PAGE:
The question then is whether modes with \lambda > r_{\rm LQC} at the bounce are in the observable range of CMB. The answer depends on the number of e-folds in the pre-inflationary dynamics.  We use the details of quantum geometry to introduce a new principle to constrain this phase of dynamics. Recall that, because `dark energy’ dominates the late time dynamics, there are cosmological horizons. For observations it suffices to restrict oneself to the interior of the 2-sphere obtained by the intersection of the cosmological horizon with the CMB surface. Given a viable inflationary model –e.g. with the Starobinsky potential– one can trace the evolution of this 2-sphere back in time. At the onset of inflation, the radius is astonishingly small, about 107 Planck lengths; by contrast, the proton radius is ~1020 Planck lengths! In LQC, we can evolve the ball back in time all the way to the bounce. Our principle asks that the radius be the minimum allowed by the smallest non-zero eigenvalue of the area operator, called the area gap. This fixes the pre-inflationary history of the cosmological background; for the Strobinsky potential, for example, there are 17 pre-inflationary e-folds. To specify the initial conditions for cosmological perturbations at the bounce, we use a quantum generalization of Penrose’s Weyl curvature hypothesis (discussed in an accompanying CQG+ article).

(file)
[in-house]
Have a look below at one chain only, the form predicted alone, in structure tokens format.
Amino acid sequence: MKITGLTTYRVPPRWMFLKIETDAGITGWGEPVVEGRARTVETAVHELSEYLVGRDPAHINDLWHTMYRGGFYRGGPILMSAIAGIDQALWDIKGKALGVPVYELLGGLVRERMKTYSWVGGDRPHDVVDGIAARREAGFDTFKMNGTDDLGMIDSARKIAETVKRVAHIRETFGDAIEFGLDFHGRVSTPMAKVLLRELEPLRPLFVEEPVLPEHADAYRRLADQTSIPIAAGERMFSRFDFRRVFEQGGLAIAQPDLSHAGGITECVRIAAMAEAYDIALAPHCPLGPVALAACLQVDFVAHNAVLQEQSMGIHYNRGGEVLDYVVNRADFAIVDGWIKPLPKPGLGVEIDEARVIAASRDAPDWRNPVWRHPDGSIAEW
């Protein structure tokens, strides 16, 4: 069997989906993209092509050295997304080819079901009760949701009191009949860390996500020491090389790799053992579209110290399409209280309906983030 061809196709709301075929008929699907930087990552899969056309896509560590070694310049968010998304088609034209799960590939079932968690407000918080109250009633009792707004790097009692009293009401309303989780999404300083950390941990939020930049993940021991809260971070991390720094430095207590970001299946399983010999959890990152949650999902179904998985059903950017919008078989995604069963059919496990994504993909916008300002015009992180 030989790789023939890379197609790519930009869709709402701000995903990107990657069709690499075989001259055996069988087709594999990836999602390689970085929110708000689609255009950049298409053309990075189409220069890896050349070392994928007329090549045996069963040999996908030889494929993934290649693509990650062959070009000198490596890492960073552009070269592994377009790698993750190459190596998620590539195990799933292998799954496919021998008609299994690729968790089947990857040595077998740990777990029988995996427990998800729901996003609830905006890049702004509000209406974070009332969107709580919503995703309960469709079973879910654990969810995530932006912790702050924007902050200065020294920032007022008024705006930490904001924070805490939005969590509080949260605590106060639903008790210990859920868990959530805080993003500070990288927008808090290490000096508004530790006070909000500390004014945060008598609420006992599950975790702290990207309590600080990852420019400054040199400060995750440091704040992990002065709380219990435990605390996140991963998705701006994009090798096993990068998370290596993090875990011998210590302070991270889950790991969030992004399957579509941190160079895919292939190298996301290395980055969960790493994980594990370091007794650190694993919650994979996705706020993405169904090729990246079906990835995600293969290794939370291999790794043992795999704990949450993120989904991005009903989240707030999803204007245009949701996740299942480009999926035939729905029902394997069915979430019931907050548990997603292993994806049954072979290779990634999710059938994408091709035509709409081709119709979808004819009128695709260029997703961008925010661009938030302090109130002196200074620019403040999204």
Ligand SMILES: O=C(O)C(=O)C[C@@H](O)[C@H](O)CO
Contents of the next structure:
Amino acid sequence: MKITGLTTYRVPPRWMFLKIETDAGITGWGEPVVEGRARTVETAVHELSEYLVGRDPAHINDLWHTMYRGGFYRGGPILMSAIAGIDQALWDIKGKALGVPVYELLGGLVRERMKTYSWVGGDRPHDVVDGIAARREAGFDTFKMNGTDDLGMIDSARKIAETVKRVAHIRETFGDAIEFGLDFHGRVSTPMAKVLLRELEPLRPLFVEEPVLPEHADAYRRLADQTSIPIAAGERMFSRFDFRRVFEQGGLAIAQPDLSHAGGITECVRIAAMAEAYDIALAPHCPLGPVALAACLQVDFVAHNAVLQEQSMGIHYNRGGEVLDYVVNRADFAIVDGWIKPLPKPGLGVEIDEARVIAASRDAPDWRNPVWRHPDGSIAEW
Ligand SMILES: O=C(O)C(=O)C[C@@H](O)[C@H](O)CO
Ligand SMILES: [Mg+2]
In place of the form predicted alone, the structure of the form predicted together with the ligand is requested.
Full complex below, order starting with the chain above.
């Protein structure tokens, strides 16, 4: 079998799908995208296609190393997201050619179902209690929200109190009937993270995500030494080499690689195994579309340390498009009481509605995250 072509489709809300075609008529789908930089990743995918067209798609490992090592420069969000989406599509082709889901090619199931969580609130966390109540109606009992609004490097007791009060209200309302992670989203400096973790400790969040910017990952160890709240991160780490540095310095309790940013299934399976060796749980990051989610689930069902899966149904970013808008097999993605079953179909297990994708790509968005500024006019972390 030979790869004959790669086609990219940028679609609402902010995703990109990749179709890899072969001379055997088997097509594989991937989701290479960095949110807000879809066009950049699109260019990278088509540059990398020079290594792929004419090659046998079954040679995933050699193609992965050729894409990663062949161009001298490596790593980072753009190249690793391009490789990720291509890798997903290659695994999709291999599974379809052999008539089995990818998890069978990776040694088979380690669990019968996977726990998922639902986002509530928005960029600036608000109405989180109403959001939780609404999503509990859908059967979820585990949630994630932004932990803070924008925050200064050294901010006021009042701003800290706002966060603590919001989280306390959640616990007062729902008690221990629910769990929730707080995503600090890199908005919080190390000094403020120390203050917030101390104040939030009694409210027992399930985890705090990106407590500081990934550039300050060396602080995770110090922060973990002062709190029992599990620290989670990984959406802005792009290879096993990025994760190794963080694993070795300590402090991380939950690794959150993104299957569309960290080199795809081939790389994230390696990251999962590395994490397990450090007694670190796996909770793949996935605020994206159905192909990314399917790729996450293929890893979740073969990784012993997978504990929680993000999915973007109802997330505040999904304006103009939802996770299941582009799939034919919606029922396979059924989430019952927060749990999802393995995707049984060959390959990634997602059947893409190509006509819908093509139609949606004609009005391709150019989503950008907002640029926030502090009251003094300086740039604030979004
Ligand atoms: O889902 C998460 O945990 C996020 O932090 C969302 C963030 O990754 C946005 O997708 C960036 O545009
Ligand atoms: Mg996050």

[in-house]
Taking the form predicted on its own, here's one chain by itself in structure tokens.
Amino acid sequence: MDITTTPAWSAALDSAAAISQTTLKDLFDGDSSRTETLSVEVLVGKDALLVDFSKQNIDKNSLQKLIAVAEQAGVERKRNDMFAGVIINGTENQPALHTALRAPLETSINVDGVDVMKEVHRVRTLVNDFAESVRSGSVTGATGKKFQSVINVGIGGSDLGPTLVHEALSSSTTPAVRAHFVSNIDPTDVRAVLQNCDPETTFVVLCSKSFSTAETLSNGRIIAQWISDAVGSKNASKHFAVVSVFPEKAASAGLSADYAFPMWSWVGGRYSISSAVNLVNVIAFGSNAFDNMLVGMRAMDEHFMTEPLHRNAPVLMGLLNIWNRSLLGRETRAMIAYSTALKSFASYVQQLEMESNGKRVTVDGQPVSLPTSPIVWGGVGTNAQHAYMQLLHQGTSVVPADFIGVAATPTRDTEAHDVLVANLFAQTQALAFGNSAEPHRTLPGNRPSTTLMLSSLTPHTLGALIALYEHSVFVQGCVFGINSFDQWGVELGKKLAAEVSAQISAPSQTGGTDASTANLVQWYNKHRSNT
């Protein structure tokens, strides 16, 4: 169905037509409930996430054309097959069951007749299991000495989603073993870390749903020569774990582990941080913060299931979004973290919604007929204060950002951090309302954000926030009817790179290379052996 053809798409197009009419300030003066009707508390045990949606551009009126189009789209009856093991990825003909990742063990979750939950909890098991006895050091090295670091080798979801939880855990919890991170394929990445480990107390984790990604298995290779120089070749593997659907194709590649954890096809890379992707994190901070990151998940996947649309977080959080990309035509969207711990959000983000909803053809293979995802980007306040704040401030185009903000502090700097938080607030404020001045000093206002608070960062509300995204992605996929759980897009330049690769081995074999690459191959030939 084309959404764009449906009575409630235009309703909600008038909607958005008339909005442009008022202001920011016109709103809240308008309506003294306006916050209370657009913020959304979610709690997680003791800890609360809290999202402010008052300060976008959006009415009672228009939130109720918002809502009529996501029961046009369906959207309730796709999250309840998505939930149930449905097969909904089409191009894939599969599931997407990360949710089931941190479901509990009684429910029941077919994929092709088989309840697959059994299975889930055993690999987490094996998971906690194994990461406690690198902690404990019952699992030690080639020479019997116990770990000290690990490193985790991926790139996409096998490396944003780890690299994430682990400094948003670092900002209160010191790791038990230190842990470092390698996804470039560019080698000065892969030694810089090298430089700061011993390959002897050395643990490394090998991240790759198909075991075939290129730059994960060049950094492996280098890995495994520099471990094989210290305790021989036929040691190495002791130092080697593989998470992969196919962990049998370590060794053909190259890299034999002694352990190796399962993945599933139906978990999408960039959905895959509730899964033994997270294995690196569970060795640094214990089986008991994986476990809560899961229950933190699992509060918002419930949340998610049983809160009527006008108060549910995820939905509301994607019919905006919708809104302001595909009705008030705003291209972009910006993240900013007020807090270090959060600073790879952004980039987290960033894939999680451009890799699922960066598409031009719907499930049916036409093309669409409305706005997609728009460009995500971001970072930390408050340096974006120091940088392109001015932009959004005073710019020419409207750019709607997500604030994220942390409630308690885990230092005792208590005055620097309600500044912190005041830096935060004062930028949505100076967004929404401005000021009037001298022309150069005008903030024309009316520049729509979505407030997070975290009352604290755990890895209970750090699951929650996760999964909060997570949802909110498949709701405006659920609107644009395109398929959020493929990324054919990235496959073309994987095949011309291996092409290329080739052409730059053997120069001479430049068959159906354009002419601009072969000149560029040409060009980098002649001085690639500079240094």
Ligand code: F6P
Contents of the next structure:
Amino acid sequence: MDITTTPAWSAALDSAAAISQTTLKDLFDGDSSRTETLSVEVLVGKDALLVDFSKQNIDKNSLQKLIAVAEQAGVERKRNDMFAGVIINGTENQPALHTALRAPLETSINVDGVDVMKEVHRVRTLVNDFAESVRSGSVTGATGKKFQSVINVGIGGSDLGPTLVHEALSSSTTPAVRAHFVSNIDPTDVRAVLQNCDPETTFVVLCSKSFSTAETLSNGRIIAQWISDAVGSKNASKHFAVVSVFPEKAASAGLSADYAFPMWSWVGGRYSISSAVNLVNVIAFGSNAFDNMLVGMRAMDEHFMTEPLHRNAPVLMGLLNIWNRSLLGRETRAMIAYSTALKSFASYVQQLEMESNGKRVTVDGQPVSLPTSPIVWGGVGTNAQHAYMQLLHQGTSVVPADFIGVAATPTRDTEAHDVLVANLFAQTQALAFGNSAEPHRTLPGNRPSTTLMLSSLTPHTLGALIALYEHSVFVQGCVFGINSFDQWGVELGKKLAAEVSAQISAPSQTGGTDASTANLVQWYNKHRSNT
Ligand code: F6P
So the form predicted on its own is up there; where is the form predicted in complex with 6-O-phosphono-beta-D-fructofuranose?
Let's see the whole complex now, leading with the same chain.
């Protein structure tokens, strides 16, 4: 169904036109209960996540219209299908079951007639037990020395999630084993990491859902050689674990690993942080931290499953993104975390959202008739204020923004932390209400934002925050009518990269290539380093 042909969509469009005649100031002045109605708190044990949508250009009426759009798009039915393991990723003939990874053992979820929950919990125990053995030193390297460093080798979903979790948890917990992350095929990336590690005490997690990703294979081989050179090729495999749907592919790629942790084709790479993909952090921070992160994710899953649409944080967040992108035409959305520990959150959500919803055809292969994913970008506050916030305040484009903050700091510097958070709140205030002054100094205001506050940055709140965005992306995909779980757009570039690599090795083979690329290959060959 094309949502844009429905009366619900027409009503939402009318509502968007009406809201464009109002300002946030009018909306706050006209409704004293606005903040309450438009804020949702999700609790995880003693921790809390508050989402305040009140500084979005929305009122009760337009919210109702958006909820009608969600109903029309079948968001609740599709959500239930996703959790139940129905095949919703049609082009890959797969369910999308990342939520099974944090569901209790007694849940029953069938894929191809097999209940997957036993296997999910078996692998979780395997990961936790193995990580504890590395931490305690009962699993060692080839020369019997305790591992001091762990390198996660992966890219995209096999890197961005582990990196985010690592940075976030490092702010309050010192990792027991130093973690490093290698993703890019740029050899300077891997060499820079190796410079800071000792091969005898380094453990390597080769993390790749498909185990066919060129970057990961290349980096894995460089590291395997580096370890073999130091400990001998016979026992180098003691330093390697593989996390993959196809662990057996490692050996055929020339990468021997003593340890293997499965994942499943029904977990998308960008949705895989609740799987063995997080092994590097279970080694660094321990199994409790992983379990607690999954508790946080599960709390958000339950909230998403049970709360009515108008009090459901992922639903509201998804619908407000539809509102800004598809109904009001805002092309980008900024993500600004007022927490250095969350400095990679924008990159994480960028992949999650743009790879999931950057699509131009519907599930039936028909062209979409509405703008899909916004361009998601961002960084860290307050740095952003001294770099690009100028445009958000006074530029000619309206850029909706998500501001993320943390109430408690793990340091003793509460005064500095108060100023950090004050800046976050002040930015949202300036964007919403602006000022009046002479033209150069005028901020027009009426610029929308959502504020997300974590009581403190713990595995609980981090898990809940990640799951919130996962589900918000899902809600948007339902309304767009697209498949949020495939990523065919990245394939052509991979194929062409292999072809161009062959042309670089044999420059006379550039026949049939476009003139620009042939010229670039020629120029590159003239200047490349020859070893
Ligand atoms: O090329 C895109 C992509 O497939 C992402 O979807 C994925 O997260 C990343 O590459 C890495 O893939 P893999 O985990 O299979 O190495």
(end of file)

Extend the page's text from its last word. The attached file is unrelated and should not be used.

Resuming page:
With these initial conditions, the existing LQC framework leads to specific predictions.  For the temperature-temperature (TT) correlation function, there is excellent agreement with standard inflation for \ell>30 but there is a power suppression at large angular scales, \ell<30. Consequently, the LQC power spectrum provides a better fit to the data than the standard inflation. Our analysis also predicts specific power suppression in the E-mode polarization spectrum, which will be tested in the upcoming data release by PLANCK mission. Furthermore, predictions involving E-mode polarization are distinct from those of non-primordial mechanisms such as the integrated Sachs-Wolf effect. Thus LQC, together with our principles to fix initial conditions, opens a new window to confront quantum gravity with observations. Finally, there is also a feedback from observations to the fundamental theory. By leaving the area gap as a free parameter, we find the value that would provide a best fit to the observed TT spectrum at all angular scales.  The commonly used value in LQC comes from the black hole entropy calculations. Interestingly, it lies well within the 68% confidence level of the PLANCK data, providing an independent probe into the quantum nature of geometry.

At long last, quantum gravity is ready to leave the pristine perch of mathematical physics and dive into cosmological phenomenology.

[1] Ade, P.A.R., Aghanim, N., Akrami, Y., Aluri, P.K., Arnaud, M., Ashdown, M. and Aumont, J. et al. Planck 2015 results-XVI. Isotropy and statistics of the CMB. Astronomy & Astrophysics. 594, A16 (2016).

Read the full article in Classical and Quantum Gravity:
Quantum gravity in the sky: interplay between fundamental theory and observations
Ashtekar and Gupt 2016. Class. Quantum Grav 34014002